The Waters of Lethe, Thomas Benjamin Kennington

In Classical Greek, Lethe literally means "forgetfulness" or "concealment". The Greek word for "truth" is a-lethe-ia, meaning "un-forgetfulness" or "un-concealment".

In Greek mythology, Lethe is one of the several rivers of Hades. Drinking from the river Lethe ("forgetfulness" or "oblivion") caused complete forgetfulness. Some ancient Greeks believed that souls were made to drink from the river before being reincarnated, so they would not remember their past lives.

Some private mystery religions taught the existence of another river, the Mnemosyne; those who drank from the Mnemosyne would remember everything and attain omniscience. Initiates were taught that they would receive a choice of rivers to drink from after death, and to drink from Mnemosyne instead of Lethe. These two rivers are attested in several verse inscriptions on gold plates dating to the 4th century BC and onward, found at Thurii in Southern Italy and elsewhere throughout the Greek world.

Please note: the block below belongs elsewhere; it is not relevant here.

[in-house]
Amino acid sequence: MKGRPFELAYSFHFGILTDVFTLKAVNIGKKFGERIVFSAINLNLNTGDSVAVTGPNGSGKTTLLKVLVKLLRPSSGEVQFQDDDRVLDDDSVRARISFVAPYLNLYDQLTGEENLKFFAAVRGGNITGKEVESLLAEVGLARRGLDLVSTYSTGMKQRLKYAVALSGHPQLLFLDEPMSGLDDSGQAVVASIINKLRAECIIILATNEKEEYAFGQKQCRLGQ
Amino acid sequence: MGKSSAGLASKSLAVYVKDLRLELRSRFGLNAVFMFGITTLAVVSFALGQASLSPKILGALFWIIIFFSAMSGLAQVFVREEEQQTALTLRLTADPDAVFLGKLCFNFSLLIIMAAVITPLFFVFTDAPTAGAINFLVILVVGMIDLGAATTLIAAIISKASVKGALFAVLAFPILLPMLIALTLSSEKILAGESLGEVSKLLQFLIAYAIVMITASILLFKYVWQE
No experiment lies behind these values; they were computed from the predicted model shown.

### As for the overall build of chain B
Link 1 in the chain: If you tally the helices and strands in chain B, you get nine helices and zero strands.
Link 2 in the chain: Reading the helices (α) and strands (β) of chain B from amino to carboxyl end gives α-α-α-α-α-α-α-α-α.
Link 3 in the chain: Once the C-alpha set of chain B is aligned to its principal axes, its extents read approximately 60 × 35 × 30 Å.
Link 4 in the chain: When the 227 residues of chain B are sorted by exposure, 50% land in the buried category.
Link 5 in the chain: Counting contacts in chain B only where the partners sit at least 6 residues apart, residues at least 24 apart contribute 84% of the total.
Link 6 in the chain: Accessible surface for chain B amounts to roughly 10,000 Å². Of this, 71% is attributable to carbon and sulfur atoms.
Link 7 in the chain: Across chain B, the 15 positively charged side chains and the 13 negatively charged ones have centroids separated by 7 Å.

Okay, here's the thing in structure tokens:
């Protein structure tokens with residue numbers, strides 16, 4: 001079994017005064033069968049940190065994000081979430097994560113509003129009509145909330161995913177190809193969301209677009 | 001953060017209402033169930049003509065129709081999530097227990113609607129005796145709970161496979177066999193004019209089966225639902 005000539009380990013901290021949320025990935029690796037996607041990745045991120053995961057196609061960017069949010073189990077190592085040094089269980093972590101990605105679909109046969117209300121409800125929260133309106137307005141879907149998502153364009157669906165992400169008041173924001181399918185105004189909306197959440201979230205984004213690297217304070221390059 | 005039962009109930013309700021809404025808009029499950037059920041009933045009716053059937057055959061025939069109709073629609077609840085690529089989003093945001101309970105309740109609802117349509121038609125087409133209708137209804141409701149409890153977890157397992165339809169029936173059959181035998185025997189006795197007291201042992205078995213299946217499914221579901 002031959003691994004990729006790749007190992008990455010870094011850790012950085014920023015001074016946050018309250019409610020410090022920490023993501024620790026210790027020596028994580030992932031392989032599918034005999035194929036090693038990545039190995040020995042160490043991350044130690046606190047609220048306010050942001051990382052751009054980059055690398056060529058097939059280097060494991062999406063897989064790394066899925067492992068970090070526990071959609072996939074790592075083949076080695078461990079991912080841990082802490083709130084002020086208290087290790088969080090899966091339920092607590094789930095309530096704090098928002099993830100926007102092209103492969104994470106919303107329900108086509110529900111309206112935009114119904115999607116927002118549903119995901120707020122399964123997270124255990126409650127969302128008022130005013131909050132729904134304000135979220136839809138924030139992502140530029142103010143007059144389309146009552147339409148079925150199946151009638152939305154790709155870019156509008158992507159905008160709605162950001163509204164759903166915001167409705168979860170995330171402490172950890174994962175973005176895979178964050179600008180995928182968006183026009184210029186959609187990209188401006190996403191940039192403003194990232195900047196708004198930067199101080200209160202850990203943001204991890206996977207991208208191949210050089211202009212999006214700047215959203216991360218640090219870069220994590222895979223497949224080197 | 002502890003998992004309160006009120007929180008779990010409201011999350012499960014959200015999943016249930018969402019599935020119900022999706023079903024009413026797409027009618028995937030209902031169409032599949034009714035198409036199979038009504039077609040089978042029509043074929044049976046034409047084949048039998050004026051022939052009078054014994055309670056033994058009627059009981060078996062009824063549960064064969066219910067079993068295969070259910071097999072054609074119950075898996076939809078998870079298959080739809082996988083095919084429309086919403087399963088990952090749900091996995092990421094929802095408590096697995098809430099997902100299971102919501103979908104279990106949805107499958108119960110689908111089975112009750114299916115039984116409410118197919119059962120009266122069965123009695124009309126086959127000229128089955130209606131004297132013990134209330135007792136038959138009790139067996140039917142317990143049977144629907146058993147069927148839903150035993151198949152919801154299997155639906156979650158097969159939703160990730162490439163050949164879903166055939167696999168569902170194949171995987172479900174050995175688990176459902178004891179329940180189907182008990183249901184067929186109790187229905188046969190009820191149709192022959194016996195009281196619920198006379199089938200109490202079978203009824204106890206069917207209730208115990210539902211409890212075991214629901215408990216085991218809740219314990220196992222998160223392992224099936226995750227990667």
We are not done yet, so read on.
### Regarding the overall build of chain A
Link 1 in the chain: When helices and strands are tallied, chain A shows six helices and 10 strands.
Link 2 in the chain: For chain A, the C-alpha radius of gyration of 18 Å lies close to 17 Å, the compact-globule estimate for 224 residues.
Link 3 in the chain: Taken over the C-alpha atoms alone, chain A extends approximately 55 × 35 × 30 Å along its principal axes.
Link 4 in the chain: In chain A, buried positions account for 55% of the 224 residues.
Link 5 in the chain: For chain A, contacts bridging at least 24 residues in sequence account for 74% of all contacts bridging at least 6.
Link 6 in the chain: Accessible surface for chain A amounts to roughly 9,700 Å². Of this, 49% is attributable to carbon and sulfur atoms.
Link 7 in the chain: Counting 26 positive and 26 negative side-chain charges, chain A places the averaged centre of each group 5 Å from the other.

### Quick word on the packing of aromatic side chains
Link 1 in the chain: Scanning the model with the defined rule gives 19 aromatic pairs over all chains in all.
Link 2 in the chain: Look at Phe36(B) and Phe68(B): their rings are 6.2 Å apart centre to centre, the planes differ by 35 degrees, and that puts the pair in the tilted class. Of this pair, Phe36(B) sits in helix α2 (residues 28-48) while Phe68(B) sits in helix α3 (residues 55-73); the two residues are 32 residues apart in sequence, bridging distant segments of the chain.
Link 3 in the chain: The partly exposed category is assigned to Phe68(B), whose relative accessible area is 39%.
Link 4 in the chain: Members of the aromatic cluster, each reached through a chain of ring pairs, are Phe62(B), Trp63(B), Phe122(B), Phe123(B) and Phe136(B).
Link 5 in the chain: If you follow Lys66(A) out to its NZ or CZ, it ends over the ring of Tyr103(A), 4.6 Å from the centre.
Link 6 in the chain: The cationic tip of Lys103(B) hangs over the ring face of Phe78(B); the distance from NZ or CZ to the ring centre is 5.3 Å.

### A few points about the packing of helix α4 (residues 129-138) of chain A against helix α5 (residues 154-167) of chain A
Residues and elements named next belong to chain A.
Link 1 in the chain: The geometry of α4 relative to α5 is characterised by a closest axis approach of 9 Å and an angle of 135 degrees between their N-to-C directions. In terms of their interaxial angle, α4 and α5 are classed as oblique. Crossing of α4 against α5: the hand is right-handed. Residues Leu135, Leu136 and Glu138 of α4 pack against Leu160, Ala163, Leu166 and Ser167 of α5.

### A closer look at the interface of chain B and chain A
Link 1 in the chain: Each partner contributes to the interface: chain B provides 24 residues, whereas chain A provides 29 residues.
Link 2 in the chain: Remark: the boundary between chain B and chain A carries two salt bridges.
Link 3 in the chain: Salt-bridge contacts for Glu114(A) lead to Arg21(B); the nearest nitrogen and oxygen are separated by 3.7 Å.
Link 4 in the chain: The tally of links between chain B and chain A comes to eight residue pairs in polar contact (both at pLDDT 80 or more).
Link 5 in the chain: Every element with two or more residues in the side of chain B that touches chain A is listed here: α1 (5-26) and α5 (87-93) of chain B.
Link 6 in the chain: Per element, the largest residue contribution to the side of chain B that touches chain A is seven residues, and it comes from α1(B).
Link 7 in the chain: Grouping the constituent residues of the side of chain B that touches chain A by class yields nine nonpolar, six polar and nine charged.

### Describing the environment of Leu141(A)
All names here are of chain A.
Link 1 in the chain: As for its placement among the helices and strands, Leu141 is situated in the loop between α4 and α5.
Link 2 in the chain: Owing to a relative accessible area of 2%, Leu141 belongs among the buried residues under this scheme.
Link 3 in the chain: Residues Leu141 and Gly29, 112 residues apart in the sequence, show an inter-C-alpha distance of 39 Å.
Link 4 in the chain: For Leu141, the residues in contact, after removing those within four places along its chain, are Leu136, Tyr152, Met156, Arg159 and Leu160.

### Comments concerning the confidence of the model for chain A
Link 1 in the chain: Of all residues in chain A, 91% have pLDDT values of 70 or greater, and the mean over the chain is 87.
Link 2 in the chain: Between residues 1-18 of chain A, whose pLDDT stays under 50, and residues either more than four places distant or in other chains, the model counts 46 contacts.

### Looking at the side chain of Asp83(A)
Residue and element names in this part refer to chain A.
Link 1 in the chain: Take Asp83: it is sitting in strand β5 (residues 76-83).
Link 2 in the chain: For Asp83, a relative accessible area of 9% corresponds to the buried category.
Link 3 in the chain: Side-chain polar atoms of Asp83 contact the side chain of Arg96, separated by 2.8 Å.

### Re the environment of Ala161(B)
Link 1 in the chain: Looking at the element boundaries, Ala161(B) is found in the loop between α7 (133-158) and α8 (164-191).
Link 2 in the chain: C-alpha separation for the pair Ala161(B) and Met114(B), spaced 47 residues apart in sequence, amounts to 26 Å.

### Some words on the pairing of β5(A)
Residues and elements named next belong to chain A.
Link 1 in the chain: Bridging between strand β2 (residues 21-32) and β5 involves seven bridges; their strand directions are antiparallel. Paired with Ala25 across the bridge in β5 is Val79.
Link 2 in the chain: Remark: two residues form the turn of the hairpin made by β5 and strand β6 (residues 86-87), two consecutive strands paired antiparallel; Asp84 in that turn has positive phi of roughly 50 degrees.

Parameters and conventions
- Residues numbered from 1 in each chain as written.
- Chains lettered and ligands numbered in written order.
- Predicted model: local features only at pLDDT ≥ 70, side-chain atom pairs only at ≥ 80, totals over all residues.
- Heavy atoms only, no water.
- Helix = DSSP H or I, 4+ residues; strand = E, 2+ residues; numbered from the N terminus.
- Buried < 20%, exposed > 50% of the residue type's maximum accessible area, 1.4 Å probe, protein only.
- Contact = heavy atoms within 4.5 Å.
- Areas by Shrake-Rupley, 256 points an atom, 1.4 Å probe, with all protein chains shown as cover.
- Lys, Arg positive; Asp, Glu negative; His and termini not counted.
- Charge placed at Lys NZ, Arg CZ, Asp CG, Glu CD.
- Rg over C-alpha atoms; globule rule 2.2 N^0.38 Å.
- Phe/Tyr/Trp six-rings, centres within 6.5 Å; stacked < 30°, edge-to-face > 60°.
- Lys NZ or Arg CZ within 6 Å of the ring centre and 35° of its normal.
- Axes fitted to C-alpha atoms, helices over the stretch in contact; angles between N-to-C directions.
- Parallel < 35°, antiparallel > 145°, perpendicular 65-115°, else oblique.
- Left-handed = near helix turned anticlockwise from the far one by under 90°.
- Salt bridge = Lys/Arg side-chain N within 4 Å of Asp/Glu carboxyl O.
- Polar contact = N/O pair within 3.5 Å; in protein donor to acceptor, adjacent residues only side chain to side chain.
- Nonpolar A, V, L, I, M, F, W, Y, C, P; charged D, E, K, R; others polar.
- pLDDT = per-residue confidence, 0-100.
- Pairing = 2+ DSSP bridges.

The Myth of Er at the end of Plato's Republic, tells of the dead arriving at the "plain of Lethe", which the river Ameles ("careless") runs through.

There were rivers of Lethe and Mnemosyne at the shrine of Trophonius in Boeotia, from which worshippers would drink before making oracular consultations with the god.

In the Divine Comedy, the stream of Lethe flows to the centre of the earth from its surface, but its headwaters are located in the Earthly Paradise found at the top of the mountain of Purgatory.

Lethe, the daughter of Eris ('Strife' in Hesiod's Theogony), is probably a separate personification of forgetfulness rather than a reference to the river Lethe.

In Sarah Ruhl's play Eurydice, all the shades must drink from Lethe and become like stones, speaking in their inaudible language and forgetting everything of the world. This river is a central theme of the play.

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